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Faith, Fitness, And The Principle Of Daily Self-Improvement

Since March I’ve been working out with a fitness instructor. She is the toughest, most motivated coach I’ve ever known. Sadly, today was our last day together because she’s beginning maternity leave and I’m moving out of the area. I was reflecting on what made her such a great trainer, and I think the essence was her undying belief in everyone’s ability to improve. Each exercise was a chance to do better than last time — to perfect one’s form, do one more repetition, or to slow the speed of a lift or increase the resistance involved.

She never let me slack — she told me she believed in me, that I could do better, and that she didn’t care how many reps I did, I had to do them the right way. There were times that I just wanted an “easy” workout, or when I’d ask for understanding: “Klaudia, can we ease up on the cardio a bit today, I just ate lunch?” I’d ask. “That’s okay,” she’d smile, “I have a bucket for you right here if you need it.”

Frequently she’d time me racing repeatedly up and down seven flights of stairs… Read more »

Frosty The Snowman’s Heart And The Last Tomato Standing

snowmanLike a good Rochesterian (Rochester, NY that is), my husband decided to shovel the snow off our balcony after the 2-foot-deep deposits threatened to melt into our condo’s window cracks. I was comfortably blogging away in our living room when I looked up to find Mr. DrVal had built me a miniature snowman, complete with a heart made from the last tomato of our now fully dead Roma tomato plant.

A few amazing things about this photo: 1) How can ripe tomatoes still be growing at the end of December in Washington, DC? 2) How did he get Frosty’s hat to stay on his head? 3) How did he find my secret scrub stash and why did he wear them out to shovel snow?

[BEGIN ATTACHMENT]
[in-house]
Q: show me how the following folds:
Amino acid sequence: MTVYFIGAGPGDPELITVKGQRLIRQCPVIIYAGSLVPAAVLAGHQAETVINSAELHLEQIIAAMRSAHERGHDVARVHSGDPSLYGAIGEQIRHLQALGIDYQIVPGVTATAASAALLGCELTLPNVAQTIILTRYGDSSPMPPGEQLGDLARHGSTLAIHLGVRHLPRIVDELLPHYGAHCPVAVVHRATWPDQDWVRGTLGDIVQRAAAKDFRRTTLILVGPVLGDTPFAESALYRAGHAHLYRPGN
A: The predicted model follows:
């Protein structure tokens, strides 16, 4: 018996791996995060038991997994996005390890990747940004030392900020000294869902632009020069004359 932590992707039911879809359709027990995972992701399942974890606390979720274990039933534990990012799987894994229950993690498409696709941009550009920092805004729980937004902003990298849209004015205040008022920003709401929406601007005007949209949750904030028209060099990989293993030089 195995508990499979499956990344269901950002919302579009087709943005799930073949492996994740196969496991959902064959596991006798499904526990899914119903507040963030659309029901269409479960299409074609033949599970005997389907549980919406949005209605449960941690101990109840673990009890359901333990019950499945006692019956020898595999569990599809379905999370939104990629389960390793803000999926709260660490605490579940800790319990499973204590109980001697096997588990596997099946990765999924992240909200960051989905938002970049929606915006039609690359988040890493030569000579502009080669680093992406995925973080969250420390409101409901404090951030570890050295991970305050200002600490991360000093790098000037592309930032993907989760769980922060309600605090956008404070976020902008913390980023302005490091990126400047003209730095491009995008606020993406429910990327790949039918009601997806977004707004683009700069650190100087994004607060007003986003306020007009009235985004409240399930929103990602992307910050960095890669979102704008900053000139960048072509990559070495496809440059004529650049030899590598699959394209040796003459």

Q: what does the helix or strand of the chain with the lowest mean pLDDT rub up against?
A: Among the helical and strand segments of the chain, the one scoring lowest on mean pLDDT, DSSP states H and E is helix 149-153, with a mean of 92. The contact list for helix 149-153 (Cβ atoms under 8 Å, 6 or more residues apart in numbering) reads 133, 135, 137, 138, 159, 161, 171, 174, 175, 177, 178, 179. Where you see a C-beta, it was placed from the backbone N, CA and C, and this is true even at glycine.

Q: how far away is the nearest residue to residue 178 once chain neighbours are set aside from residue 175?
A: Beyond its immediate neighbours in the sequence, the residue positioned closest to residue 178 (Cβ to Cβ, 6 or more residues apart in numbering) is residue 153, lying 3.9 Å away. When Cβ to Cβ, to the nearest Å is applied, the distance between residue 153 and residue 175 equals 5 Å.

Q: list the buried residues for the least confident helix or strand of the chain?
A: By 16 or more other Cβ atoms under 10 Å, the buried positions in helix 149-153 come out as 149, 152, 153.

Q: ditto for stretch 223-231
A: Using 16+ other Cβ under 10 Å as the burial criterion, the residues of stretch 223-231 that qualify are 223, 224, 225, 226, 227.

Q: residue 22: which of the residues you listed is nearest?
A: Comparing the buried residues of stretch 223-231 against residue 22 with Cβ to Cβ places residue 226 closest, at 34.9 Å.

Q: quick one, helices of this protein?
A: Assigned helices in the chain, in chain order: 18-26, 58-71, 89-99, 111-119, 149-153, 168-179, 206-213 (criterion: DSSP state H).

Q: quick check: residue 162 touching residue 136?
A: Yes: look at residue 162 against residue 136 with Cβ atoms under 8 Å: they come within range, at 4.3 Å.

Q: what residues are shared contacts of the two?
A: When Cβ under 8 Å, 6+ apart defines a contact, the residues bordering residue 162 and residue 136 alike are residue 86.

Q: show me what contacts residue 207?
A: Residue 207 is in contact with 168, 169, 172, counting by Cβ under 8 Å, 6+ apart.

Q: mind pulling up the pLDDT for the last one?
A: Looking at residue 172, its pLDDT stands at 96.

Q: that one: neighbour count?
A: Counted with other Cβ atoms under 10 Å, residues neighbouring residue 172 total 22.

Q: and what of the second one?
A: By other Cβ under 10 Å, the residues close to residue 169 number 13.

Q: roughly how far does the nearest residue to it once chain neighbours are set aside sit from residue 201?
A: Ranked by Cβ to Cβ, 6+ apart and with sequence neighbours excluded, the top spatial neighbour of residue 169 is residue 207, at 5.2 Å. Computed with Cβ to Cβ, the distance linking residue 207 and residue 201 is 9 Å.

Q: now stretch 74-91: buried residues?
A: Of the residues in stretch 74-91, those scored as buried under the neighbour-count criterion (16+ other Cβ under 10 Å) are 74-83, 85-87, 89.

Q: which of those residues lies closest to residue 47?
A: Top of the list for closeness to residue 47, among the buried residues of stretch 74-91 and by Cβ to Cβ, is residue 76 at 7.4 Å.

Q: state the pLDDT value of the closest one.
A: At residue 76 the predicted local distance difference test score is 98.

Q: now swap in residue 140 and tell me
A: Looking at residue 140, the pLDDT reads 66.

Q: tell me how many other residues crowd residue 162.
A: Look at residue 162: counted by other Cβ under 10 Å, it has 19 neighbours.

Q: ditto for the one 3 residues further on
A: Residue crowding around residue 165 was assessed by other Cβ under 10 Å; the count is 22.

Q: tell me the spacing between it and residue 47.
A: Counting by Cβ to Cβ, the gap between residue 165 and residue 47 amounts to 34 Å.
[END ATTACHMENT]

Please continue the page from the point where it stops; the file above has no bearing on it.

Anyway – I’m sure you’ll agree that this is a rather charming and creative way to spend a Sunday after a snowstorm. But watch out, Frosty: I’d like to eat your heart out!

DC Snowstorm Photos

balconysnowHow deep is the snow? Judging by my balcony, at least a foot and a half. I asked Mr. DrVal to demonstrate for you with a tape measure – of course, our mischevious kitty, Ona (full name is Ona Riss Kitty) wanted to be in the photo as well.

I caught these guys (second photo) digging out a Politico newspaper vending machine. Seemed like a very DC thing to do.

Of course, having grown up in Canada, the snow storm didn’t faze me much. I ventured out to get a salad, some frozen yogurt, and to see the movie Avatar. That was well worth the walk to the theater (saw it in all its 3-D wonder)!

Mr. DrVal summed it up with his usual dry wit, “It’s The Lion King meets An Inconvenient Truth.”

Please go see it though – the effects are really amazing.

All in a winter’s day…


Dr. Val Tells ABC News About Hospital Errors And How To Avoid Them

I kick off this segment with a surprising twist: I describe a hospital error that I experienced as a patient in the ER of a famous academic medical center.  And yes, I give a shout out to Paul Levy at minute 5 for his courageous efforts to reduce infection rates at Beth Israel Deaconess Medical Center in Boston.